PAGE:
Give Now

Delays, Closings and Severe Weather - View All Alerts and Updates

Senate To Vote On Criminal Code Overhaul

The overhaul aims to divert low-level offenders into local community corrections programs, but lawmakers are debating how to fund those programs.

county corrections

Photo: Flickr (Indiana Public Media)

Some legislators are suggesting creating a grant program to help fund local corrections programs.

Follow-up legislation to last year’s criminal code overhaul bill is headed to the Senate floor after a committee Thursday added potential funding help for local communities.

The purpose behind the state’s criminal code overhaul was in part to divert low-level offenders away from prison and into local community corrections programs.

But so far, the General Assembly hasn’t done much to provide those local programs more money.

Senate Appropriations Chair Luke Kenley, R-Noblesville, says for now, the legislature can begin to address local needs by creating a grant program.

“It’s an effort to make available, if the savings would occur at Department of Corrections, some additional money between now and the time when we adopt next year’s budget,” Kenley says.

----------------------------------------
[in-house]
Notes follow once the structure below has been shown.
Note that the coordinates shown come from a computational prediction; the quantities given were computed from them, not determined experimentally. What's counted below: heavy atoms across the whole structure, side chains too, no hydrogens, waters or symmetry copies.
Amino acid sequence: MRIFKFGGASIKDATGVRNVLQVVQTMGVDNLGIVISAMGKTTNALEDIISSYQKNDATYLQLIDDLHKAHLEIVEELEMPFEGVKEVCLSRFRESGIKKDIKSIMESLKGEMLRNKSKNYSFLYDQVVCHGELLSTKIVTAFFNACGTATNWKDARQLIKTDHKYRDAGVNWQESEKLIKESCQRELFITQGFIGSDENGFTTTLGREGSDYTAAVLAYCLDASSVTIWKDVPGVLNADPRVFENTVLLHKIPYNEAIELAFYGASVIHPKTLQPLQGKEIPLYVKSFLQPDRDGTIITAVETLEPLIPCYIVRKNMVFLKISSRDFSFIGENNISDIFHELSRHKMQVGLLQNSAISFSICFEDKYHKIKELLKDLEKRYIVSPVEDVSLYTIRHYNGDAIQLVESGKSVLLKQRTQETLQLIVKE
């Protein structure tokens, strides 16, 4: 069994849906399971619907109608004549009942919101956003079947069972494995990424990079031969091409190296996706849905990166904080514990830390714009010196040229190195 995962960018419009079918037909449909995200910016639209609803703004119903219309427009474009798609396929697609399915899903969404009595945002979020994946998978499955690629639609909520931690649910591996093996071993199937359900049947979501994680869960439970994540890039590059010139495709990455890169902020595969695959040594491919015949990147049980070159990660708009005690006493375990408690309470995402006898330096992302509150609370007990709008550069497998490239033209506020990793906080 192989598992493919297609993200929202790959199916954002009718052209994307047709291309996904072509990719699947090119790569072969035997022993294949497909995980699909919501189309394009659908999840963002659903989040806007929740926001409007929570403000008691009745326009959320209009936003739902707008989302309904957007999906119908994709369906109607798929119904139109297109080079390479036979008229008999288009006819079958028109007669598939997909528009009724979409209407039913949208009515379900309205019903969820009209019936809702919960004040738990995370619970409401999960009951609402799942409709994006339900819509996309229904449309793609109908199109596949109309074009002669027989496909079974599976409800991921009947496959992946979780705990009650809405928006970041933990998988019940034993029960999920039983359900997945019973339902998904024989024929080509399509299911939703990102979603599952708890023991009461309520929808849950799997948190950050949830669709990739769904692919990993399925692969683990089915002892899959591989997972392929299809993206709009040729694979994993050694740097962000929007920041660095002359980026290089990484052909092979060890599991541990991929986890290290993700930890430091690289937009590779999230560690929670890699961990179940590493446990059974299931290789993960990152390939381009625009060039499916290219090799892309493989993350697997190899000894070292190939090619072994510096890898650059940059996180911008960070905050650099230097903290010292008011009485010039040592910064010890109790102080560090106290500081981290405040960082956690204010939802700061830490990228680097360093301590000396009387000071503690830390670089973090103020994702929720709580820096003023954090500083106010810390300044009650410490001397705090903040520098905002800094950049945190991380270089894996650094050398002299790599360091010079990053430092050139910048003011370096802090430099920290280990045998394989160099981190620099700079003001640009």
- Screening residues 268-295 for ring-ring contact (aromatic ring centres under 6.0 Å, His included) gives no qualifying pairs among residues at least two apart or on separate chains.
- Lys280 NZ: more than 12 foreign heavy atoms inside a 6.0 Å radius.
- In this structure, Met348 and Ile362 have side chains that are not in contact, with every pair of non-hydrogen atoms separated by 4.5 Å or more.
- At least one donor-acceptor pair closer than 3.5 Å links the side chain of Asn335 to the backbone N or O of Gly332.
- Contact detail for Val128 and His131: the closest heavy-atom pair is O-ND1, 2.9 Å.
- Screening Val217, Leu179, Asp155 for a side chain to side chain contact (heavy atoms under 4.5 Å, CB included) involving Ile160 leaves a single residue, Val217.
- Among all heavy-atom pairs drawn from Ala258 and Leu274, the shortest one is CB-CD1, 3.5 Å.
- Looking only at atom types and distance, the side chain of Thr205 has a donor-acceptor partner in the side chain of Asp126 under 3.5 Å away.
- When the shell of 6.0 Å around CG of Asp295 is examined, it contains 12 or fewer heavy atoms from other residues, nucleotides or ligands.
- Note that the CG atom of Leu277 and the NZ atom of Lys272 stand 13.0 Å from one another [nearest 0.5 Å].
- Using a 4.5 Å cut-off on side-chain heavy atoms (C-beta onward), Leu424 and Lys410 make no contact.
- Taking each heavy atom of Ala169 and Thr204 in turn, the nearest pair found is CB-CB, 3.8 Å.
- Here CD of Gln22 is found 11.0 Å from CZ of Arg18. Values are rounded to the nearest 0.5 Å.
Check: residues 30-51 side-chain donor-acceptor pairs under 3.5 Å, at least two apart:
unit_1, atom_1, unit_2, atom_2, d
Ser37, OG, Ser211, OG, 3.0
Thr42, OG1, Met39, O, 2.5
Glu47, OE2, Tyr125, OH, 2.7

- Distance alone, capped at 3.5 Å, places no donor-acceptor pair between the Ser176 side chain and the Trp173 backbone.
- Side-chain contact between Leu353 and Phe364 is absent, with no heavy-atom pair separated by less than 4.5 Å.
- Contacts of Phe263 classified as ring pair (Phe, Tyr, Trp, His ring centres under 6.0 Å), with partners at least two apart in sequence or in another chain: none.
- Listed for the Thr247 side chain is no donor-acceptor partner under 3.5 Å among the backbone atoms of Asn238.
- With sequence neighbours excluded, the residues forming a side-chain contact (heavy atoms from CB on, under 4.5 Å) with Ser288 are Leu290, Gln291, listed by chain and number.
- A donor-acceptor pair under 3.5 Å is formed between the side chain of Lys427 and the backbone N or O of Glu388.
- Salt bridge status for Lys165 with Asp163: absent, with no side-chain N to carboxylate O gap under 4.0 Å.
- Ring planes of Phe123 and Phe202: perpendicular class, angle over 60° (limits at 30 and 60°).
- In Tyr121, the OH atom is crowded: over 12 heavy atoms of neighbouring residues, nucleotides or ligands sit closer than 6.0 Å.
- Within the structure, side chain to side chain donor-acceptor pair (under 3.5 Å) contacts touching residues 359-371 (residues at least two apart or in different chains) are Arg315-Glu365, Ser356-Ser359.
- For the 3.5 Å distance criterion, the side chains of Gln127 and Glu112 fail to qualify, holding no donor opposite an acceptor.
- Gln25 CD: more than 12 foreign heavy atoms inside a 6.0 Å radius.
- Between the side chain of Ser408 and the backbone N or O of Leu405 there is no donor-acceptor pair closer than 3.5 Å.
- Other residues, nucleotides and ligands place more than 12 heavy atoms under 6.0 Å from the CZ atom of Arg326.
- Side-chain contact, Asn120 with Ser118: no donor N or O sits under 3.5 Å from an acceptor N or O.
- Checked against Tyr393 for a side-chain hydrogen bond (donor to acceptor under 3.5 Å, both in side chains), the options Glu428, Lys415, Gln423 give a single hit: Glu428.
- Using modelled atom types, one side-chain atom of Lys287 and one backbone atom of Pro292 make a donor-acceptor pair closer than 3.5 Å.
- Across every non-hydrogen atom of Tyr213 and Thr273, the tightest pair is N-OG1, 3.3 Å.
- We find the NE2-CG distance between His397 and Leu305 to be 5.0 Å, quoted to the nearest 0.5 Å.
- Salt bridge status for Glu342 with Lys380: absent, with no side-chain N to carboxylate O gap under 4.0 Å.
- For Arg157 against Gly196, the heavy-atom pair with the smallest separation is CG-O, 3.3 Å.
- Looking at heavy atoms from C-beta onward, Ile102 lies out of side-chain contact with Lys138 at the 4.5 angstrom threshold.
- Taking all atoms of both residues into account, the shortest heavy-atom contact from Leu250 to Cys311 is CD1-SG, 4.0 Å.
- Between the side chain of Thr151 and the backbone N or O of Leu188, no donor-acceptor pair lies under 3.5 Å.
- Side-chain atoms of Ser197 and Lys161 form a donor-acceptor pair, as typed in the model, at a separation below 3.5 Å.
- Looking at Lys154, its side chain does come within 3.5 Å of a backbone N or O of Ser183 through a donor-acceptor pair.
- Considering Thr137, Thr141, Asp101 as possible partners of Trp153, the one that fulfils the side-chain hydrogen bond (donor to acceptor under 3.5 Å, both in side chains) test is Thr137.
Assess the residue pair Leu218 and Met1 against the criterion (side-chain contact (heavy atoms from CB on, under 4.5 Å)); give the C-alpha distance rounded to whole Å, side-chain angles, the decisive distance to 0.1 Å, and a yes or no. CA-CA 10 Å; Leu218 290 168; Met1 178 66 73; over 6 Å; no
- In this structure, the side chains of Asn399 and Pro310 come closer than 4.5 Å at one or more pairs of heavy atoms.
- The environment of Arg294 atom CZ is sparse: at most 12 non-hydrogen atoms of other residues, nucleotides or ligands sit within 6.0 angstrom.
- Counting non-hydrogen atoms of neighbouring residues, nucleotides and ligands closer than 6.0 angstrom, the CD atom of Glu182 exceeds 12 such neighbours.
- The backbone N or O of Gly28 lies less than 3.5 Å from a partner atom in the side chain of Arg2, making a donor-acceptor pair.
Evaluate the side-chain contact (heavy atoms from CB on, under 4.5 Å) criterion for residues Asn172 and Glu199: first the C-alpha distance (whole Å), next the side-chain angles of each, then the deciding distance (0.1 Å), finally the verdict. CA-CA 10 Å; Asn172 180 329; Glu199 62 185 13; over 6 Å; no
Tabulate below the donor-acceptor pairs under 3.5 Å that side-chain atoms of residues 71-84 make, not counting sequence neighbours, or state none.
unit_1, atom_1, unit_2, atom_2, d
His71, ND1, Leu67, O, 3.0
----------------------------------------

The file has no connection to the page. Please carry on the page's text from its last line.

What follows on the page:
The money for the grants, added to legislation in the Appropriations Committee Thursday, would come from the Department of Correction and be capped at 11 million.  And the money will only be made available if DOC saves money because of the overhaul.

But Sen. Karen Tallian, D-Portage, says there is still widespread disagreement about the bill’s impact.

“Some of us don’t have a clue what to really expect from this bill as to whether it’s going to add full time people to DOC or not and I’m very disappointed that, as the Appropriations Committee, we’re not hearing any of that,” Tallian says.

Kenley points out the grant program lawmakers will have a better understanding of the overhaul’s impact when it creates a new budget next year.

Brandon Smith, IPBS

Brandon Smith, IPBS has previously worked as a reporter and anchor for KBIA Radio in Columbia, MO, and at WSPY Radio in Plano, IL as a show host, reporter, producer and anchor. Brandon graduated from the University of Missouri-Columbia with a Bachelor of Journalism in 2010, with minors in political science and history. He was born and raised in Chicago.

View all posts by this author »

What is RSS? RSS makes it possible to subscribe to a website's updates instead of visiting it by delivering new posts to your RSS reader automatically. Choose to receive some or all of the updates from Indiana Public Media News:

Support For Indiana Public Media Comes From

Search News

Stay Connected

RSS e-mail itunes Facebook Twitter Flickr YouTube

Follow us on Twitter

What is RSS? RSS makes it possible to subscribe to a website's updates instead of visiting it by delivering new posts to your RSS reader automatically. Choose to receive some or all of the updates from Indiana Public Media News:

Recent Politics Stories

Recent Videos

Find Us on Facebook